Late Friday night I was surfing the Web and clicked my way into one of those scrolling news-headlines sites when I ran across this little gem: "IPO's 40-60 pct gains now called 'successes'."

This is an


story headline that ran Friday evening. When I read this I laughed out loud. I couldn't help it. Those of you who have read even a few of my past columns already know where I am headed with this. But for the sake of those who are just joining us I will repeat the sermon.

When the



IPO burst onto the stage in November with a huge price gain, it marked the beginning of what has become one of the hottest IPO markets I can remember. That deal was quickly followed by another blockbuster IPO from

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, which to this day stands as one of the highest ever first-day percent gainers in history. Since then, we have witnessed literally dozens of these "hot" IPOs open with unbelievable premiums. In recent months, watching a deal double, triple or even quadruple in price on the first trade has grown, well, tiresome. I liken the phenomenon to watching a fireworks display -- the first few shell bursts are spectacular and elicit passionate sounds like "ooooo" and "ahhhhh". Very quickly though, the newness wears off and the crowd goes back to eating potato salad and drinking beer.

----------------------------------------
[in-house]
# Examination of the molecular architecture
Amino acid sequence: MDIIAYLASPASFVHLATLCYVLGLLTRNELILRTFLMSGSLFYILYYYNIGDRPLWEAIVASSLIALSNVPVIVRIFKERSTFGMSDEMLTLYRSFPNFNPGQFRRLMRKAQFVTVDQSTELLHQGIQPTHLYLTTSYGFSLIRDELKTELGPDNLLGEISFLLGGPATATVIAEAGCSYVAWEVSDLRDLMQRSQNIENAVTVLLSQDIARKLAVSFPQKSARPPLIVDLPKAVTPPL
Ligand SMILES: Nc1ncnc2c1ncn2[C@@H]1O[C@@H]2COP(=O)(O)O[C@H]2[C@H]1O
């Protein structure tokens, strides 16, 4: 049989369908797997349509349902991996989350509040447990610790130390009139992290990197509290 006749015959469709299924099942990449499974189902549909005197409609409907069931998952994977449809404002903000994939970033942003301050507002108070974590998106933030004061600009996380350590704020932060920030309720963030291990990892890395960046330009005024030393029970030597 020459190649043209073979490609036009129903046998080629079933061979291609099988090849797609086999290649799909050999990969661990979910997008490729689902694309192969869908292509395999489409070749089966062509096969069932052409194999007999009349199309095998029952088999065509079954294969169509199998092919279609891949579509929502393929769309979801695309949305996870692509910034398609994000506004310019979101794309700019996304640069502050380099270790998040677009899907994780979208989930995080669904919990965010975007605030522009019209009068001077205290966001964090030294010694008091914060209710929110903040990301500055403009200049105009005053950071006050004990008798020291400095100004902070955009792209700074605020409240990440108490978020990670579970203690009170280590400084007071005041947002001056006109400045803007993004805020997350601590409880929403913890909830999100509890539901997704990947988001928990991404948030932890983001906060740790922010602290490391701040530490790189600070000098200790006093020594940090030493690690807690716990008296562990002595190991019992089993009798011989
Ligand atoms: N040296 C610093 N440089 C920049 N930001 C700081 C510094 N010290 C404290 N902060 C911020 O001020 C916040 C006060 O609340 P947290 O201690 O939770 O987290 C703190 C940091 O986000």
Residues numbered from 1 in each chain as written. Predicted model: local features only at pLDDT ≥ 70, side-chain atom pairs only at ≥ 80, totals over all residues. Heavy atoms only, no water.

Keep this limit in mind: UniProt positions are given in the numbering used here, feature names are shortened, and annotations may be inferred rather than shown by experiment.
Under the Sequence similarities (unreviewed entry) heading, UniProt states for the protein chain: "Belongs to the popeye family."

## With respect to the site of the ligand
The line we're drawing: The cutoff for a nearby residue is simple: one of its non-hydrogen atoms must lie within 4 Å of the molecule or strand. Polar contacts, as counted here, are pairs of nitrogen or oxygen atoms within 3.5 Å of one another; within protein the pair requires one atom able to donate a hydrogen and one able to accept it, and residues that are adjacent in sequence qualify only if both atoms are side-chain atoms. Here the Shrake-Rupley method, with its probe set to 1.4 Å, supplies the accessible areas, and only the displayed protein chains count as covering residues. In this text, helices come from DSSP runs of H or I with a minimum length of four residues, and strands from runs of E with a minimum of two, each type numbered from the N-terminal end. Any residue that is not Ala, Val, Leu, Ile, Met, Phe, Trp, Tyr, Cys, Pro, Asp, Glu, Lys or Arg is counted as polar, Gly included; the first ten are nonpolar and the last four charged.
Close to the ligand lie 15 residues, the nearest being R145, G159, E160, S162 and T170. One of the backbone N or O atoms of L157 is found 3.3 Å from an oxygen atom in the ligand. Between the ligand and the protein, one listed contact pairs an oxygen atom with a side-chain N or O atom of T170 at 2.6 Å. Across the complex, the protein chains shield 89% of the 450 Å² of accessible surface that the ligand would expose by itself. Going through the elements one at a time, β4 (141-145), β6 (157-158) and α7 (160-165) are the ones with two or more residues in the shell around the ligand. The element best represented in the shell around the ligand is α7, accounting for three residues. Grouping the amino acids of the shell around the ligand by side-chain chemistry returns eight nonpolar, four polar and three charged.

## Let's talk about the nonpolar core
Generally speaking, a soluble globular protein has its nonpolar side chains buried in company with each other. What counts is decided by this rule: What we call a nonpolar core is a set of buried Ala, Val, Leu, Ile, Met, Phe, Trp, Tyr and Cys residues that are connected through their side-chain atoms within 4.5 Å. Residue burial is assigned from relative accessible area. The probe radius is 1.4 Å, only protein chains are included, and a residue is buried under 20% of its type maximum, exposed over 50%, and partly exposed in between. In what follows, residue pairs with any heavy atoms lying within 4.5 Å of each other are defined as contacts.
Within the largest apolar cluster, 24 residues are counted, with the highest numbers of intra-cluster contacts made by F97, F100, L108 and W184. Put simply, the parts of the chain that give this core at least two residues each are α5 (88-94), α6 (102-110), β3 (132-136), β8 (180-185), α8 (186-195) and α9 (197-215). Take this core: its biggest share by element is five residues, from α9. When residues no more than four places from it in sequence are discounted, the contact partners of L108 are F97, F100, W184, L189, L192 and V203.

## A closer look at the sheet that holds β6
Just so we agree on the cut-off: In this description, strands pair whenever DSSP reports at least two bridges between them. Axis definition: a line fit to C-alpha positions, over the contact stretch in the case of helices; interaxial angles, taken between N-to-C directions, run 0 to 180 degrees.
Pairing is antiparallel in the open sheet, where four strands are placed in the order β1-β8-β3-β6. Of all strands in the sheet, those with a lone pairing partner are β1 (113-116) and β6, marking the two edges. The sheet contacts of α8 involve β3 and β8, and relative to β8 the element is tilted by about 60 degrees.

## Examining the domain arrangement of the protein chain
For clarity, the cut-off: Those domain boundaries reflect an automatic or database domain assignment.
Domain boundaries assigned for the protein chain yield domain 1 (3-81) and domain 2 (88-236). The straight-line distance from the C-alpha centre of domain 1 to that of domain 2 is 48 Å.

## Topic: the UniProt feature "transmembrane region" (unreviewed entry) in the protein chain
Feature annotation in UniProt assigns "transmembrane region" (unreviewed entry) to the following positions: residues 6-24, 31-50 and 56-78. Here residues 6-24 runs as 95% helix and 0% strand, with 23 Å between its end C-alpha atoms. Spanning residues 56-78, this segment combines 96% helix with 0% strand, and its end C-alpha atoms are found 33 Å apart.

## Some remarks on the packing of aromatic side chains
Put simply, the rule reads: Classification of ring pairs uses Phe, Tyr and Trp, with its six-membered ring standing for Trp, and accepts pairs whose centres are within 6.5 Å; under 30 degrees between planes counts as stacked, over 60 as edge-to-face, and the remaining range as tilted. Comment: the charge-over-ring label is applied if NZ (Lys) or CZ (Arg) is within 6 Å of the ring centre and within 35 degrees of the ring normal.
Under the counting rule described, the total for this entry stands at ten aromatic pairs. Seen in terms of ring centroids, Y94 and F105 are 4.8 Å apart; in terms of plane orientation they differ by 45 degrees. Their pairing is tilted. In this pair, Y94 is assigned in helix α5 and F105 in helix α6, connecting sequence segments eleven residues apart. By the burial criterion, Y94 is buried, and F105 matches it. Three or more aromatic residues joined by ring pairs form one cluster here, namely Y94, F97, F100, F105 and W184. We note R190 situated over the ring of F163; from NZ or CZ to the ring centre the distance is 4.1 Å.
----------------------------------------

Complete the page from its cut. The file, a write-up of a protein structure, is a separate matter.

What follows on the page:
For many retail IPO investors, this cycle is their first and only experience in buying the deals. What troubles me about this is that many of them do not understand that what has happened over the last seven months is not normal. Ok, then what is?

First off, I refer back to the headline above from Friday night. Where else are you going to get that kind of traction from an investment? It's time that we check our expectations and get back to reality.

Second, you must understand that the IPO market runs in cycles, and that the peaks and troughs of these cycles represent some of the most extreme trading environments imaginable. You have just seen the good part. What comes next, nobody knows. But, there will come a day, and I have said this before, when the IPO calendar will dry up and appear to be dead. These dry spells, like the one from June of 1998 until November, are tough, frustrating markets. Only after an IPO buyer has lived through a complete cycle -- hot and cold -- can he truly appreciate the gift we have been given over the last two quarters.

My advice: Put a little of those profits aside for the coming summer. You just may need them.

Let's look at the week ahead:

Ben Holmes is the founder of, a Boulder, Colo.-based research boutique specializing in the analysis of equity syndicate offerings. This column is not meant as investment advice; it is instead meant to provide insight into the methods of new and secondary offerings. Neither Holmes nor his firm has entered indications of interest in any of the companies discussed in this column. Under no circumstances does the information in this column represent a recommendation to buy or sell stocks. Holmes appreciates your feedback at